I’m thinking about words like: inefficient, clockwork, pace (as in, “keep up the” or running pace or the hectic pace of modern life), mechanization, industrialization, useless, instrumental, accessible, smooth, easy, fast, relevant, order, discipline, attention economy, rest, restlessness, sleep, internal clocks, spending time vs. passing it, paying or giving attention, eyeballs on the page, obscure, unnoticed, unnoticing.
And that the battery in my apple watch is dying and how, even though I depended on it so much before, I’m considering not replacing it and not wearing a watch. Not keeping track of my pace.
And, I’m thinking about these beautiful lines from Alice Oswald’s “Evaporations”:
In their lunch hour
I saw the shop-workers get into water
They put their watches on the stones and slithered
Into the tight-fitting river
And shook out cuffs of splash
And swam wide strokes towards the trees
And after a while swam back
With rigid cormorant smiles
Shocked I suppose from taking on
Something impossible to think through
Something old and obsessive like the centre of a rose
And for that reason they quickly turned
And struggled out again and retrieved their watches
Stooped on the grass-line hurrying now
They began to laugh and from their meaty backs
A million crackling things
Burst into flight which was either water
Or the hour itself ascending.
swim: 2.1 miles / 5 loops
cedar lake open swim
84 degrees / windy
Another great swim at cedar lake. The water was very choppy with lots of swells. It was windy. The waves didn’t bother me at all, but my legs were sore from my 10K earlier in the day. My left hip hurt. Swam on the edge of the course to avoid other people–so I wouldn’t have to worry about running into them. Almost ran into a lifeguard on a kayak a few times. I think they might have been trying to get me to swim closer to the buoys. I suppose I was fairly far from them, but I wanted to use the break in the trees as my guide. In years past, being nudged by the lifeguard might have bothered me, making me feel like I was doing something wrong or failing, but not this year. I’m happy to not be so hard on myself or to always need to be doing it the proper/right way.
For much of the loop I could only breathe on one side–when I breathed on the other side, I got a mouth full of water from a wave. I mostly breathed every six strokes. No difficulty breathing, no shortness of breath. I like holding my breath for longer.
I didn’t look at the sky much. It was hard to see in the midst of all the waves. Not sure if there were any planes or birds. Hard to notice anything else but the water and others’ elbows and bright caps and the orange buoys — which I could not really see.
My challenge for the last 3 swims (only 3 left at cedar): to crack the code for the stretch between the start of the loop to the far beach. For some reason, no matter how much I try–stopping briefly at the start to sight the distant orange buoy, swimming farther out and away from the other side–I always end up swimming too close to others swimming the other way. I can’t figure out if there’s a current pushing me that way or something else that makes me lose my wider trajectory. I can barely see the orange buoy, so I’m relying on other things. So far, I haven’t found a helpful landmark on the other shore. I want to figure this out before I’m done for the season.
Still in the month of exploring different notions of love in poetry. Here’s a poem by Paul Tran that I think fits:
Bioluminescence/ Paul Tran
There’s a dark so deep beneath the sea the creatures beget their own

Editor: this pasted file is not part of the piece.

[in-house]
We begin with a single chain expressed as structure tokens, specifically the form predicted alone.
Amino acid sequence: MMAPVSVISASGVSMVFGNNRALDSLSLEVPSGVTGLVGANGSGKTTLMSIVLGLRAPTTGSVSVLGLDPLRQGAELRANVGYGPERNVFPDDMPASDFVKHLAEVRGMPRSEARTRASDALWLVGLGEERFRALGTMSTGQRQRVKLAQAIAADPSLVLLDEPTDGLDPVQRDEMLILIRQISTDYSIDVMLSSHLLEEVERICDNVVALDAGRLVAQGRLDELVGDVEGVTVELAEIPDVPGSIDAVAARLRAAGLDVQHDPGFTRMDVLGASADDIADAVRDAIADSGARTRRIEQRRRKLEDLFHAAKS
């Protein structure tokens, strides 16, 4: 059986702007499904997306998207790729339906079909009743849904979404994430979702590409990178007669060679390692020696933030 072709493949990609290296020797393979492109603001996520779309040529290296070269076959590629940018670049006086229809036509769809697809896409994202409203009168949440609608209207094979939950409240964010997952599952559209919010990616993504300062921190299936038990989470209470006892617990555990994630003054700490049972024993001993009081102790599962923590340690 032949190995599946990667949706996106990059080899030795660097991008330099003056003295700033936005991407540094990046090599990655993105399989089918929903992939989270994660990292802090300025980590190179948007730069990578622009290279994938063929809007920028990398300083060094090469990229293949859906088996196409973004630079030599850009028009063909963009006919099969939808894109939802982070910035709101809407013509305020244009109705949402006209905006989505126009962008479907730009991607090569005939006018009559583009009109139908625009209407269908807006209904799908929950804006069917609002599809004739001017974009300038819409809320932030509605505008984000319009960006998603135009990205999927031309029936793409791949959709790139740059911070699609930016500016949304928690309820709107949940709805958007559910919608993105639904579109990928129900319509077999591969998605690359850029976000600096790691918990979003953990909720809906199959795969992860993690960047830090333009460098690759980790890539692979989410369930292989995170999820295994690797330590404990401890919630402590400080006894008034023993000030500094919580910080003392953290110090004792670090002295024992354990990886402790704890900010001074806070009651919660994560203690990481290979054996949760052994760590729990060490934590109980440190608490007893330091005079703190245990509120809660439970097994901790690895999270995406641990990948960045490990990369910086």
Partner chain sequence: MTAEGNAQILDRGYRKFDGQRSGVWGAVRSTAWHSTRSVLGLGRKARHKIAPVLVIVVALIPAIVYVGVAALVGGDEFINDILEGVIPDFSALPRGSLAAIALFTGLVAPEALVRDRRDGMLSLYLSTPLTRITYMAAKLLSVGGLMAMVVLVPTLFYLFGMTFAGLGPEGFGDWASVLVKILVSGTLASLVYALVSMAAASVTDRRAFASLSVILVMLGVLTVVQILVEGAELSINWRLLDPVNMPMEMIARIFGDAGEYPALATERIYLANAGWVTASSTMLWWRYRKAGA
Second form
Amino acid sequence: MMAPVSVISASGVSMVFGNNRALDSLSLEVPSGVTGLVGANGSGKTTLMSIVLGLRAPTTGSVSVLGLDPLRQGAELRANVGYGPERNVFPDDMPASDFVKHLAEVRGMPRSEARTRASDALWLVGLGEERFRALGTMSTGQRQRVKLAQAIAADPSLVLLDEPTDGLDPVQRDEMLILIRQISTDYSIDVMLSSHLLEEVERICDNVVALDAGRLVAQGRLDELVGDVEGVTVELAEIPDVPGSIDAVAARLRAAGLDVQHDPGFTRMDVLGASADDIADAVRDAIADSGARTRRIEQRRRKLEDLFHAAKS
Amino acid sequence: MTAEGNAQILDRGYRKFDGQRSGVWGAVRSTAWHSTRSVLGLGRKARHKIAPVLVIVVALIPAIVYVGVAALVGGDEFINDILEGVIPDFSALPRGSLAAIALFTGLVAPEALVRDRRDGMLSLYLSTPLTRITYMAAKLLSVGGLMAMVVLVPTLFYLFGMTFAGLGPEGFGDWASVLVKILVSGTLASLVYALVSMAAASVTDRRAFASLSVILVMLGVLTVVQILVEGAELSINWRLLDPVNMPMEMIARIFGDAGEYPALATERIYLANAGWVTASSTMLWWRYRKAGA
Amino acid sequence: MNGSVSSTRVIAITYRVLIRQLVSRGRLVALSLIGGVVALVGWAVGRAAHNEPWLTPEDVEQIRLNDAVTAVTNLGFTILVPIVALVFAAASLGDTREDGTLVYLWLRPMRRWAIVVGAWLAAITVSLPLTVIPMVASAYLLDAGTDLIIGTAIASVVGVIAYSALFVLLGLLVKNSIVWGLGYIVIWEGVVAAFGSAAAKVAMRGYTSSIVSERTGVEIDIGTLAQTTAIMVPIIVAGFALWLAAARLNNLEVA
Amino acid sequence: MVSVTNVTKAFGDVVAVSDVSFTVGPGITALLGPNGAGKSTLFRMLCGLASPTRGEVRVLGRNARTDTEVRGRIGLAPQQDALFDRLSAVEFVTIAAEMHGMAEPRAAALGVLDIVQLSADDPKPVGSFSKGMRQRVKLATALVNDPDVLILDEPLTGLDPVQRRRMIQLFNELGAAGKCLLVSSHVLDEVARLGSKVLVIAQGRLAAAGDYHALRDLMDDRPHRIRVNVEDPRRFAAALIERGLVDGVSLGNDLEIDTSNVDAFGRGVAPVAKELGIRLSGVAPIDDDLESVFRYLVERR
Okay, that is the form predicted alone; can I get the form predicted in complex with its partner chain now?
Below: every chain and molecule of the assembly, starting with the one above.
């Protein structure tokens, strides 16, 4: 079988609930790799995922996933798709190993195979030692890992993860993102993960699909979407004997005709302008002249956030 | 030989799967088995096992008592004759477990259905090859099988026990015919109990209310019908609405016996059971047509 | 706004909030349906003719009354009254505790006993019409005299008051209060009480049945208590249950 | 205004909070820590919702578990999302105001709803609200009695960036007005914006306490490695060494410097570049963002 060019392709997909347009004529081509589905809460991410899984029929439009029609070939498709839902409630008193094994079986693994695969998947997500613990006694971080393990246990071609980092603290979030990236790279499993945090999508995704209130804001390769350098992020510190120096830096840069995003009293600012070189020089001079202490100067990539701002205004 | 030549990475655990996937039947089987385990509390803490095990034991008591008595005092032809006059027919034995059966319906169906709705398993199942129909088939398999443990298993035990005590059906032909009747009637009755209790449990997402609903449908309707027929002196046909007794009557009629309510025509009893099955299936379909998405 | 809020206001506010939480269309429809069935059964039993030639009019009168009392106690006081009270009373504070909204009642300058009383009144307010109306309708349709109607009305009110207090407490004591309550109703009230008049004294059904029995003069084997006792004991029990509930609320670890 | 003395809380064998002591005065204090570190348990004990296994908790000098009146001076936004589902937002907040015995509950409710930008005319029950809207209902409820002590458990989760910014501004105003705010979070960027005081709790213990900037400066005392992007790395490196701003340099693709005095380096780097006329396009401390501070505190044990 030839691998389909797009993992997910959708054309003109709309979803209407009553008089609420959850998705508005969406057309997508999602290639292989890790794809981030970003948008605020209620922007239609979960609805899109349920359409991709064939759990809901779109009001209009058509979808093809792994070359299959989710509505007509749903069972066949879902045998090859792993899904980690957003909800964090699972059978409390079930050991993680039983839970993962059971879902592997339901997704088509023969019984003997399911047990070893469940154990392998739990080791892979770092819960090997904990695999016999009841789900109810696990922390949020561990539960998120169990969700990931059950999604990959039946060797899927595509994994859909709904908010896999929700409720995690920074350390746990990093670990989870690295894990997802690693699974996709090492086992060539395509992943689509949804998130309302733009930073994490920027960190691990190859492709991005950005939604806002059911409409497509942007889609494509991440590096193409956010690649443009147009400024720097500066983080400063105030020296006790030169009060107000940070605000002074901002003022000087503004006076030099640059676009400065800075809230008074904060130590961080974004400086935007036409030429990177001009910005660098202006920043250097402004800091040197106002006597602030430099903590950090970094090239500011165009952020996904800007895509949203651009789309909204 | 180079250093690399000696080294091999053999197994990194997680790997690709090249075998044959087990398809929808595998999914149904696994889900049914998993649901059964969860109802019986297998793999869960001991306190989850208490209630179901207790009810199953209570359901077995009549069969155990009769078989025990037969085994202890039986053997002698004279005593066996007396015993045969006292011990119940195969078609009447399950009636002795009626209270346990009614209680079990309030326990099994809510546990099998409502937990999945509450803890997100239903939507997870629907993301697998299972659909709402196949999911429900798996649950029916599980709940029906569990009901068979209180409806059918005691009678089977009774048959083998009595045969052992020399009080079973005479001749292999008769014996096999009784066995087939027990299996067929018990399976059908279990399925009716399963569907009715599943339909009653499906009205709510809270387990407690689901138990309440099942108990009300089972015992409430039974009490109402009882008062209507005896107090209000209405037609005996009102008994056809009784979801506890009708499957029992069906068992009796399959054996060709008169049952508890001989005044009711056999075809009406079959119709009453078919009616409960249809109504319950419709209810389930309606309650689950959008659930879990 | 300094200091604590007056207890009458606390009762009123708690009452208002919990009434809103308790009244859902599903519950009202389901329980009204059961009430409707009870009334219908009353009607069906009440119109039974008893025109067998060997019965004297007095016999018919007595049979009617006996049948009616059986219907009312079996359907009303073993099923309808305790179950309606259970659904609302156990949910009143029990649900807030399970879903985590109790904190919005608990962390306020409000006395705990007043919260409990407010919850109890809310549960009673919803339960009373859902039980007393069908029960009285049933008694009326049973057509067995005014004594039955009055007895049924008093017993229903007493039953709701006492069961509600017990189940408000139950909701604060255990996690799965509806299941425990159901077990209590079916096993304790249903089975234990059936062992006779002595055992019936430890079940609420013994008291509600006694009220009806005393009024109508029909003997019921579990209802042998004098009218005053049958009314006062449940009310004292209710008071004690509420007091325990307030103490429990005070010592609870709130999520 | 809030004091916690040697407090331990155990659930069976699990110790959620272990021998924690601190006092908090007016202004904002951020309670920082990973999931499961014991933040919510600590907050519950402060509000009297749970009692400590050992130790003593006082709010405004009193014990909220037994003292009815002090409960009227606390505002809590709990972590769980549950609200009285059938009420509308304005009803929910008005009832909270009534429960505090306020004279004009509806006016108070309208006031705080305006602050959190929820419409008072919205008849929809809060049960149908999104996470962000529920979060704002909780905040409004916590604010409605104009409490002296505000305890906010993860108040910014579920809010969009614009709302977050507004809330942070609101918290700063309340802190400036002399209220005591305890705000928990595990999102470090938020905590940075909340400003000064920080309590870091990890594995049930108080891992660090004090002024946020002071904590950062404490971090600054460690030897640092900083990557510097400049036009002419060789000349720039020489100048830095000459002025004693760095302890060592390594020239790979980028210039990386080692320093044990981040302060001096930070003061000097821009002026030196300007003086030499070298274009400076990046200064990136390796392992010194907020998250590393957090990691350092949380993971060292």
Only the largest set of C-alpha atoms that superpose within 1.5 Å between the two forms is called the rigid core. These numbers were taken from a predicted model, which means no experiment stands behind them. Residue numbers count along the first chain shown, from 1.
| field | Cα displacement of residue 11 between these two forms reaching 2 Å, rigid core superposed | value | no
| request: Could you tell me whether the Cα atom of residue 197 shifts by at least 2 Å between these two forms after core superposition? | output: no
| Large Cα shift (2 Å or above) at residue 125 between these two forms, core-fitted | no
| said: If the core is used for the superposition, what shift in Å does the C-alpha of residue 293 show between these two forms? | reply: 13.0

light. This feat, this fact of adaptation, I could say, is beautiful
though the creatures are hideous. Lanternfish. Hatchetfish. Viperfish.
I, not unlike them, forfeited beauty to glimpse the world hidden
by eternal darkness. I subsisted on falling matter, unaware
from where or why matter fell, and on weaker creatures beguiled
by my luminosity. My hideous face opening, suddenly, to take them
into a darkness darker and more eternal than this underworld
underwater. I swam and swam toward nowhere and nothing.
I, after so much isolation, so much indifference, kept going
even if going meant only waiting, hovering in place. So far below, so far
away from the rest of life, the terrestrial made possible by and thereby
dependent upon light, I did what I had to do. I stalked. I killed.
I wanted to feel in my body my body at work, working to stay
alive. I swam. I kept going. I waited. I found myself without meaning
to, without contriving meaning at the time, in time, in the company
of creatures who, hideous like me, had to be their own illumination.
Their own god. Their own genesis. Often we feuded. Often we fused
like anglerfish. Blood to blood. Desire to desire. We were wild. Bewildered.
Beautiful in our wilderness and wildness. In the most extreme conditions
we proved that life can exist. I exist. I am my life, I thought, approaching
at last the bottom of the sea. It wasn’t the bottom. It wasn’t the sea.
Wow! You can listen to Tran read this poem on The New Yorker site. I love their dramatic reading–so powerful and delightful and wonderful. I understand the poem to be about finding/forging/fighting for a love of self. I love their lines about living without light, about finding life beyond the life that needs light to be possible. My relationship to light is changing as my eyesight deteriorates. Earlier on, sunlight could be too bright–it would hurt my eyes. Now that I’ve lost most of my cone cells, it doesn’t bother me as much. Nothing is that bright. I have a low vision lamp that helps me to read more easily. When light isn’t bright enough, the letters become too fuzzy. Some day, even the brightest bulb won’t matter. I must learn to live with less light. It will never be as dark as the deep sea in the poem (at least, most likely not), but it will be faded and not much help. No more shedding light on a situation for me.